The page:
παντοίοισι δόλοισι, μόγις δ' ετέλεσσε Κρονίων. The translation of Butcher and Lang: "For nine whole years we were busy about them, devising their ruin with all manner of craft,” gives the thought of the poet but not his manner of telling the story. This would be, perhaps, as follows: "For nine years we were devising their ruin, busily, with all manner of craft, and scarce did the son of Kronos bring it to pass." The last two feet of verse 118 and the first half-verse of 119 are alike added thoughts. The first amplifies the bare statement of the fact, and, while it suggests mavrololoi dolor, it is not essential and might have been omitted.

X 412 λαοί μέν ρα γέροντα μόγις έχον | ασχαλόωντα

εξελθείν μεμαώτα πυλάων Δαρδανιάων. . For the simple statement of fact neither áoxalówvta nor πυλάων Δαρδανιάων are essential. .

P 408 πολλάκι γαρ τό γε μητρός έπεύθετο | νόσφιν ακούων, , Ameis-Hentze take untpós with ảkoúwv. But it is simpler to construe it with επεύθετο and regard νόσφιν ακούων as parenthetical. For this use of the genitive of the person from whom the information comes, with tuvo dvoual, cf. K 536-537:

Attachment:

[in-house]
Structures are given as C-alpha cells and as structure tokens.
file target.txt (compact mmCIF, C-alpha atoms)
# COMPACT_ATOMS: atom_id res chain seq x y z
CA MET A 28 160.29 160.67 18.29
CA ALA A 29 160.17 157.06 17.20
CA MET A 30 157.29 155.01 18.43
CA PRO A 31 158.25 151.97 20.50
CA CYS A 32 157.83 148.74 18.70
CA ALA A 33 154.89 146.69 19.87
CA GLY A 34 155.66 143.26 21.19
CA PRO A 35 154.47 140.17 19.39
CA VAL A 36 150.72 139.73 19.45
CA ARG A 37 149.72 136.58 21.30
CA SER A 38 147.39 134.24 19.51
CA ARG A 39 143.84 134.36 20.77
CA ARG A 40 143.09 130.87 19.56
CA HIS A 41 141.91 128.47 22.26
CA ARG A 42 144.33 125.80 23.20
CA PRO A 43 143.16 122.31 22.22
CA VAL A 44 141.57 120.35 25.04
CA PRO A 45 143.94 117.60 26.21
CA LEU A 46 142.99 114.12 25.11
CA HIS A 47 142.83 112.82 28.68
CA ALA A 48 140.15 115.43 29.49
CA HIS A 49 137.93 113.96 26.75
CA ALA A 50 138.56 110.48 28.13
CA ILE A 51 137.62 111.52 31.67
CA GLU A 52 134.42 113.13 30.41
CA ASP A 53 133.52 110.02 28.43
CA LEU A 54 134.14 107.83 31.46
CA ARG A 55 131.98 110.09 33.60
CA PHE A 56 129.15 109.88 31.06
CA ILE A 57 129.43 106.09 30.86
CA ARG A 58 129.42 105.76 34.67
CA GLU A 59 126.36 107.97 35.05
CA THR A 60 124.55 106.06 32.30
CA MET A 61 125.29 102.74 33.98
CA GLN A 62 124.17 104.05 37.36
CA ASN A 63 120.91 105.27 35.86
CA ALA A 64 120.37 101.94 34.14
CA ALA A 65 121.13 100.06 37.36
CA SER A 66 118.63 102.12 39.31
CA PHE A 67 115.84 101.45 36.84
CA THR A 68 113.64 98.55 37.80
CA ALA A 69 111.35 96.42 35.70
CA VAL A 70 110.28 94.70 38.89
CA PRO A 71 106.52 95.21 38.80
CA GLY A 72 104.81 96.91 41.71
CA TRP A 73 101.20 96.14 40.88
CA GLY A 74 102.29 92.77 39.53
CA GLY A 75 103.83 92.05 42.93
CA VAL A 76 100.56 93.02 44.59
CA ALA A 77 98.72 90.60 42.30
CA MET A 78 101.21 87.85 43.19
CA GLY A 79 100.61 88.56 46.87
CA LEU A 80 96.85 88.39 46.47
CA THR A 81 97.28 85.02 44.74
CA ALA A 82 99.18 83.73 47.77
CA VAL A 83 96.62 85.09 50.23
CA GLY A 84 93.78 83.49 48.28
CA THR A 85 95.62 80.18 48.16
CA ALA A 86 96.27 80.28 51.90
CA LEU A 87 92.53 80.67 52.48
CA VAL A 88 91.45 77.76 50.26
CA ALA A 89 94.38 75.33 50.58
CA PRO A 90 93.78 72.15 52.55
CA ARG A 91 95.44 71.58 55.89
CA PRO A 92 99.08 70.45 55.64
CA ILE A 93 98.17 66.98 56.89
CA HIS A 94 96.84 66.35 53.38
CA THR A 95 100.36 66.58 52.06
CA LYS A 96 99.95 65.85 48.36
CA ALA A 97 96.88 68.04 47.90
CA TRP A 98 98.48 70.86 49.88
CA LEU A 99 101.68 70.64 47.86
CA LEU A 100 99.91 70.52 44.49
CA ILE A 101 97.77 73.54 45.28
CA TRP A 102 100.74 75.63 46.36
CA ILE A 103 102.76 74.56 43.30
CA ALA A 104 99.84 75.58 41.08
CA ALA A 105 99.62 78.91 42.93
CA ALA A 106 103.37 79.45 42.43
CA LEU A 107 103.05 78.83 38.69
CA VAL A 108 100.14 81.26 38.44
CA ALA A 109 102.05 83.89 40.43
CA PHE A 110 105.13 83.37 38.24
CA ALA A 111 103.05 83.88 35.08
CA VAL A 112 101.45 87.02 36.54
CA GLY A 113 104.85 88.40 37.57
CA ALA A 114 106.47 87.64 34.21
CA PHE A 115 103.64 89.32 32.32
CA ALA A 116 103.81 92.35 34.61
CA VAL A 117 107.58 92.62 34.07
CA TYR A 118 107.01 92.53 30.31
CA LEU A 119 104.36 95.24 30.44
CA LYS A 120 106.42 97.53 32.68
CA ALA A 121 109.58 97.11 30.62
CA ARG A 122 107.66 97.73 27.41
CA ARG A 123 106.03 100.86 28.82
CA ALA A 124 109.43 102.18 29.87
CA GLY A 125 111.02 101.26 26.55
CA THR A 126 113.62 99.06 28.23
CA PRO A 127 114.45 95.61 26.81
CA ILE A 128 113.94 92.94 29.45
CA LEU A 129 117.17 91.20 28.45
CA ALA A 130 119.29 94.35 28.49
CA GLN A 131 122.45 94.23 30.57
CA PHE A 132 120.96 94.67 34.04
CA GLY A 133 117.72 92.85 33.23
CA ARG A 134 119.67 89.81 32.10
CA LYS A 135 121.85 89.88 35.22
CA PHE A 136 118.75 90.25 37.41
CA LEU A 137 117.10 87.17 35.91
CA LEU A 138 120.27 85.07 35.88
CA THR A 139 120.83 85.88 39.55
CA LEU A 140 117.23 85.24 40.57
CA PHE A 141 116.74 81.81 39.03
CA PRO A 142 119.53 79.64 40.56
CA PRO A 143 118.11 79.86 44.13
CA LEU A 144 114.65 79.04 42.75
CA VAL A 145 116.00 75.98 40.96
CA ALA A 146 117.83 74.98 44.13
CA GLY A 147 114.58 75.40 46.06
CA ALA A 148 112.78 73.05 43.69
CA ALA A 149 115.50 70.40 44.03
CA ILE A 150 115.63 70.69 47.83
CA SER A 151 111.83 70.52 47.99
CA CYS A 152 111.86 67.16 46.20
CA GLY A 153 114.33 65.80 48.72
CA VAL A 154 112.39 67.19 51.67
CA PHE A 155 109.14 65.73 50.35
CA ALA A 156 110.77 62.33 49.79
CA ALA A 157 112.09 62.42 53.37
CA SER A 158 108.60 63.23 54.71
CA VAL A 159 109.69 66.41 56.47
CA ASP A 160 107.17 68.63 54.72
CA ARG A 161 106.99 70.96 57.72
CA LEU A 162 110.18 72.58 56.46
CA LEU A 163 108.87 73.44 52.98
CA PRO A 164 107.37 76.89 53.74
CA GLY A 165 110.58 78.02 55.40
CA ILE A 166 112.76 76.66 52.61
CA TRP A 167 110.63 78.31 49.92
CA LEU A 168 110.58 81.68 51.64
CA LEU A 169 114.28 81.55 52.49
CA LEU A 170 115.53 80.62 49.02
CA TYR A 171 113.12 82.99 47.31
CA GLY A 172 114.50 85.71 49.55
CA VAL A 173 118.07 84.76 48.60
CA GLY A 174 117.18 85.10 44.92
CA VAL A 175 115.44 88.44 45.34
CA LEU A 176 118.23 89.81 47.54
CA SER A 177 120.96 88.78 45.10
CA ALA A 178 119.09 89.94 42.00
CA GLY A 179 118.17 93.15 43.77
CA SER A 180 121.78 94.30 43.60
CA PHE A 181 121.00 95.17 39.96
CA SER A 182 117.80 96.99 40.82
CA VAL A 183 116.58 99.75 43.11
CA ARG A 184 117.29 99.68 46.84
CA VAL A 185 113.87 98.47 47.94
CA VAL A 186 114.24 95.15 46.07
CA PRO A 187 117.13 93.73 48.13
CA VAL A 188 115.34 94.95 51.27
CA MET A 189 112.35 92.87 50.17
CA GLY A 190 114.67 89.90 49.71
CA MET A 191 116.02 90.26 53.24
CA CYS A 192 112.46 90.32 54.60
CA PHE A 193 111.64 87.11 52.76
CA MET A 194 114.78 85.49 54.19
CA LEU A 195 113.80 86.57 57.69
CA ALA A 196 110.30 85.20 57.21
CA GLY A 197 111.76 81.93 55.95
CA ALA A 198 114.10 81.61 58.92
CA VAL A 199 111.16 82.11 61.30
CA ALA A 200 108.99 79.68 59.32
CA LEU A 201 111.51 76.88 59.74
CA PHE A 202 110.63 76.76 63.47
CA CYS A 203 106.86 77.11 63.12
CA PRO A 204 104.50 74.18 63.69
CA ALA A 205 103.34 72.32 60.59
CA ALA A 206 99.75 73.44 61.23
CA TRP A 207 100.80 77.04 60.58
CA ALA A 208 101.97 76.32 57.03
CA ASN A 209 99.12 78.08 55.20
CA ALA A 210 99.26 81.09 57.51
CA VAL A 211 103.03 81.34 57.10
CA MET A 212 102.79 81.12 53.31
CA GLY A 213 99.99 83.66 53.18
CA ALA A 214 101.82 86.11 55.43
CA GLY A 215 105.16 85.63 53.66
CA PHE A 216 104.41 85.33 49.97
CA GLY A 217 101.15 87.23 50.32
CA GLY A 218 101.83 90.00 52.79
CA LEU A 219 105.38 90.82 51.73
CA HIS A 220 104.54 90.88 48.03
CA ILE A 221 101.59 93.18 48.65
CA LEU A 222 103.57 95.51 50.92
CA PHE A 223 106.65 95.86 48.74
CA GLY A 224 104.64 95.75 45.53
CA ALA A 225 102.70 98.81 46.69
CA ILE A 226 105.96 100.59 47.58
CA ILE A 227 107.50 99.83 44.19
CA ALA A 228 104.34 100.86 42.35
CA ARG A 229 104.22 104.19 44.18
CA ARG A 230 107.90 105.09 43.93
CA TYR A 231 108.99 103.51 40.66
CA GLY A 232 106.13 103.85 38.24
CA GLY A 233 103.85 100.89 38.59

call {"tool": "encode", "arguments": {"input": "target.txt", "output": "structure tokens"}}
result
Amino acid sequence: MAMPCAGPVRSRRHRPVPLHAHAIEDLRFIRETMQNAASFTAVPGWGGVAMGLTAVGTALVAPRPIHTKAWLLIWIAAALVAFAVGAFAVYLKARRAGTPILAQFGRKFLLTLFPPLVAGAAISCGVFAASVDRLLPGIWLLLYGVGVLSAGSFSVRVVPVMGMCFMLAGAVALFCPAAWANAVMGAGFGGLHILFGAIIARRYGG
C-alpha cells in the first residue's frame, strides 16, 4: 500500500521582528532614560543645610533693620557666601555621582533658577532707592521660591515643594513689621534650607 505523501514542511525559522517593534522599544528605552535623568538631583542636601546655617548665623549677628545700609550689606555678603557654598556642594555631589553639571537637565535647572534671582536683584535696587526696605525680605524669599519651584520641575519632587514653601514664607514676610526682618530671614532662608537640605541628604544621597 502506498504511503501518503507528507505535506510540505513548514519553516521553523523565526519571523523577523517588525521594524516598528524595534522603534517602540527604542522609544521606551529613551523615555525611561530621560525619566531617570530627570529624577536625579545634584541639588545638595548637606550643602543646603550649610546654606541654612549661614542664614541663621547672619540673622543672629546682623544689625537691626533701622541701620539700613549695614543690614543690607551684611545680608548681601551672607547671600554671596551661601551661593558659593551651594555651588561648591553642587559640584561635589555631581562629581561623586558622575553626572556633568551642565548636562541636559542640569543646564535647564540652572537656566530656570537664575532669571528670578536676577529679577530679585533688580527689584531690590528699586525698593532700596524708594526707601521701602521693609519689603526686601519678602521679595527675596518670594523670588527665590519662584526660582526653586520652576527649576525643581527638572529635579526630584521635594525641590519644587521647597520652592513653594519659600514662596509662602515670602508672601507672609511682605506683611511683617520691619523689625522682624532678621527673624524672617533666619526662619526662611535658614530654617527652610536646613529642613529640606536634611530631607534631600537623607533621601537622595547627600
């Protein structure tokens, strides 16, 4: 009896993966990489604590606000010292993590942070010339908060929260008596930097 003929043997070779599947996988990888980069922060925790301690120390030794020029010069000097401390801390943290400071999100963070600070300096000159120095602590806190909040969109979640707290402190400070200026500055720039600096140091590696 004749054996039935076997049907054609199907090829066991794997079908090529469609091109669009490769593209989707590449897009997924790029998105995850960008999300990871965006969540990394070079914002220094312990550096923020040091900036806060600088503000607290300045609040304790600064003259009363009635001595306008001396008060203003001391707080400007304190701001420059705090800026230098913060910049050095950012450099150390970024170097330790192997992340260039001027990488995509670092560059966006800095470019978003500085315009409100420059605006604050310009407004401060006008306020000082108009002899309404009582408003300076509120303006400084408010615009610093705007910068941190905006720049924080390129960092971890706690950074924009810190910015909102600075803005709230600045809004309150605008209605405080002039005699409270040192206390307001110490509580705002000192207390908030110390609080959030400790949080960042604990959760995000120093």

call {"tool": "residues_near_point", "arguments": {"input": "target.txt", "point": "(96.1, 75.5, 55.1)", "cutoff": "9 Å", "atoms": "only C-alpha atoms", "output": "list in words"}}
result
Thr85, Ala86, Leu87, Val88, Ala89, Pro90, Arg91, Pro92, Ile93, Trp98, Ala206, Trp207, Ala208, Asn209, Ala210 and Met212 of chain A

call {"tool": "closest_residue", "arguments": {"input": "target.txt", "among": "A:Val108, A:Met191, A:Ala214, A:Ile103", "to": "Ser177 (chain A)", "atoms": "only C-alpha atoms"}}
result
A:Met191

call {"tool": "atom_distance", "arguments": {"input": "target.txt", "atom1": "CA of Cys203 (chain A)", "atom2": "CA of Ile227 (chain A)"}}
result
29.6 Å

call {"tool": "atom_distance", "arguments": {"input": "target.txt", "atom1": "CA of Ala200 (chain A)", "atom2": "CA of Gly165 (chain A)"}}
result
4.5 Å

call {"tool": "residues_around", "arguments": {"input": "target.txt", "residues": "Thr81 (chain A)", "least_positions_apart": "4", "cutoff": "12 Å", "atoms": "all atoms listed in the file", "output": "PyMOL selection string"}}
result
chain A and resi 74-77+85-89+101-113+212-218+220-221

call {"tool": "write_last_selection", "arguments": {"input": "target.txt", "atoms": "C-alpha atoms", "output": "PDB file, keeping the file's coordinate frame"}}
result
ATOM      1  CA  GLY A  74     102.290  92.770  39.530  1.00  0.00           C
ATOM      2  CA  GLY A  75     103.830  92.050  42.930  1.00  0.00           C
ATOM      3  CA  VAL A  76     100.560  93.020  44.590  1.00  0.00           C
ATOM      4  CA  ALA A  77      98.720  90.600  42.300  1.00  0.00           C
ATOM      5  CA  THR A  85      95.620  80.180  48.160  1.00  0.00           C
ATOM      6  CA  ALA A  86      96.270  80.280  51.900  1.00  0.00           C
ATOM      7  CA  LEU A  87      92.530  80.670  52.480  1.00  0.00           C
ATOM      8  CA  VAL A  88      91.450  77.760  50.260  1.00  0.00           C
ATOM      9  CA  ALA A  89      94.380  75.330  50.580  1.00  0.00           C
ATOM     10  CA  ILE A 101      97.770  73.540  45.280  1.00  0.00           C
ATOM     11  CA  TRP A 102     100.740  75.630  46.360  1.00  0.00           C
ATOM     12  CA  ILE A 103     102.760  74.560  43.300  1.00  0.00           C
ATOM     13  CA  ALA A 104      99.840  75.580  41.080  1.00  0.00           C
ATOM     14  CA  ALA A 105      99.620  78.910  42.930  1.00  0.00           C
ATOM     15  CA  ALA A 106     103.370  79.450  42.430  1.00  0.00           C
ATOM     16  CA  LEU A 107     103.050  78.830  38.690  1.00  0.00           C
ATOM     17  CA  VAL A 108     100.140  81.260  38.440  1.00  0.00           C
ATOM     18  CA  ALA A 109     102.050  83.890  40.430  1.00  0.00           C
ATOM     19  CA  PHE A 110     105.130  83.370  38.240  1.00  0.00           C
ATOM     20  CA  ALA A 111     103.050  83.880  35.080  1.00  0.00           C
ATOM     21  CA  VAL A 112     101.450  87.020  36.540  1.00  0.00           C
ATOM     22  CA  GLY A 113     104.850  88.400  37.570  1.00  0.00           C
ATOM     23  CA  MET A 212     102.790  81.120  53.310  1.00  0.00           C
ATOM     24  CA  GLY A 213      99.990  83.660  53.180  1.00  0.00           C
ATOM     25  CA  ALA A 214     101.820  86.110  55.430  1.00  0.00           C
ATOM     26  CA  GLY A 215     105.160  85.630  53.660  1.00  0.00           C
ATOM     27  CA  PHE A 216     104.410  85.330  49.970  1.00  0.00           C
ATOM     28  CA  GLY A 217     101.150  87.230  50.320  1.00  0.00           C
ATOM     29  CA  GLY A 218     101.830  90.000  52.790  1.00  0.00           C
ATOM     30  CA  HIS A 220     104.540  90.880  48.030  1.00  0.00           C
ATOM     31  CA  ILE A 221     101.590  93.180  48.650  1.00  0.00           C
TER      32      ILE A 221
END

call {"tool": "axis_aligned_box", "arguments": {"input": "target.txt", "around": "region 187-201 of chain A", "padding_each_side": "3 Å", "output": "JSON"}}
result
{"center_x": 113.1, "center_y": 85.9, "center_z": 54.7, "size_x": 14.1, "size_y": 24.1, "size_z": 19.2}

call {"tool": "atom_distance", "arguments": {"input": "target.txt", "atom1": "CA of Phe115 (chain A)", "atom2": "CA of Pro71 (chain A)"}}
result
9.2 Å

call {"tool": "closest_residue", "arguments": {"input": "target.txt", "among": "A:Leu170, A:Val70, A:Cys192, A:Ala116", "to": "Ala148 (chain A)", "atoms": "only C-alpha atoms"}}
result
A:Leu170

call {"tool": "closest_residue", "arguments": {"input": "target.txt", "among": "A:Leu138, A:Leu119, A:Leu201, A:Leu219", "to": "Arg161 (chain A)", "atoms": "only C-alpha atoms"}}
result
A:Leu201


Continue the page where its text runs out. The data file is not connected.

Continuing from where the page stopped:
μηδέ έαν νεκύων άμενηνά κάρονα

αίματος ασσον μεν, πρίν Τειρεσία ο πυθέσθαι. “ until Teiresias tells thee."

Ω 82 έρχεται ωμηστησιν επ' ιχθύσι | κηρα φέρουσα. . The Ameis-Hentze edition (followed by Professor Clapp) says this is the only occurrence of pépovoa with emri and the dative, the simple dative being the usual construction. The order of words, however, would make it easier to construe επ' ιχθύσι with έρχεται, and to regard the last two feet of the verse as parenthetical. For the use of émi with the dative after a verb of motion, cf. E 327:

νηυσιν έπι γλαφυρήσιν έλαυνέμεν. . The phrase kîpa þépovo a is not found parenthetically elsewhere in the Homeric poems, but we find a collocation of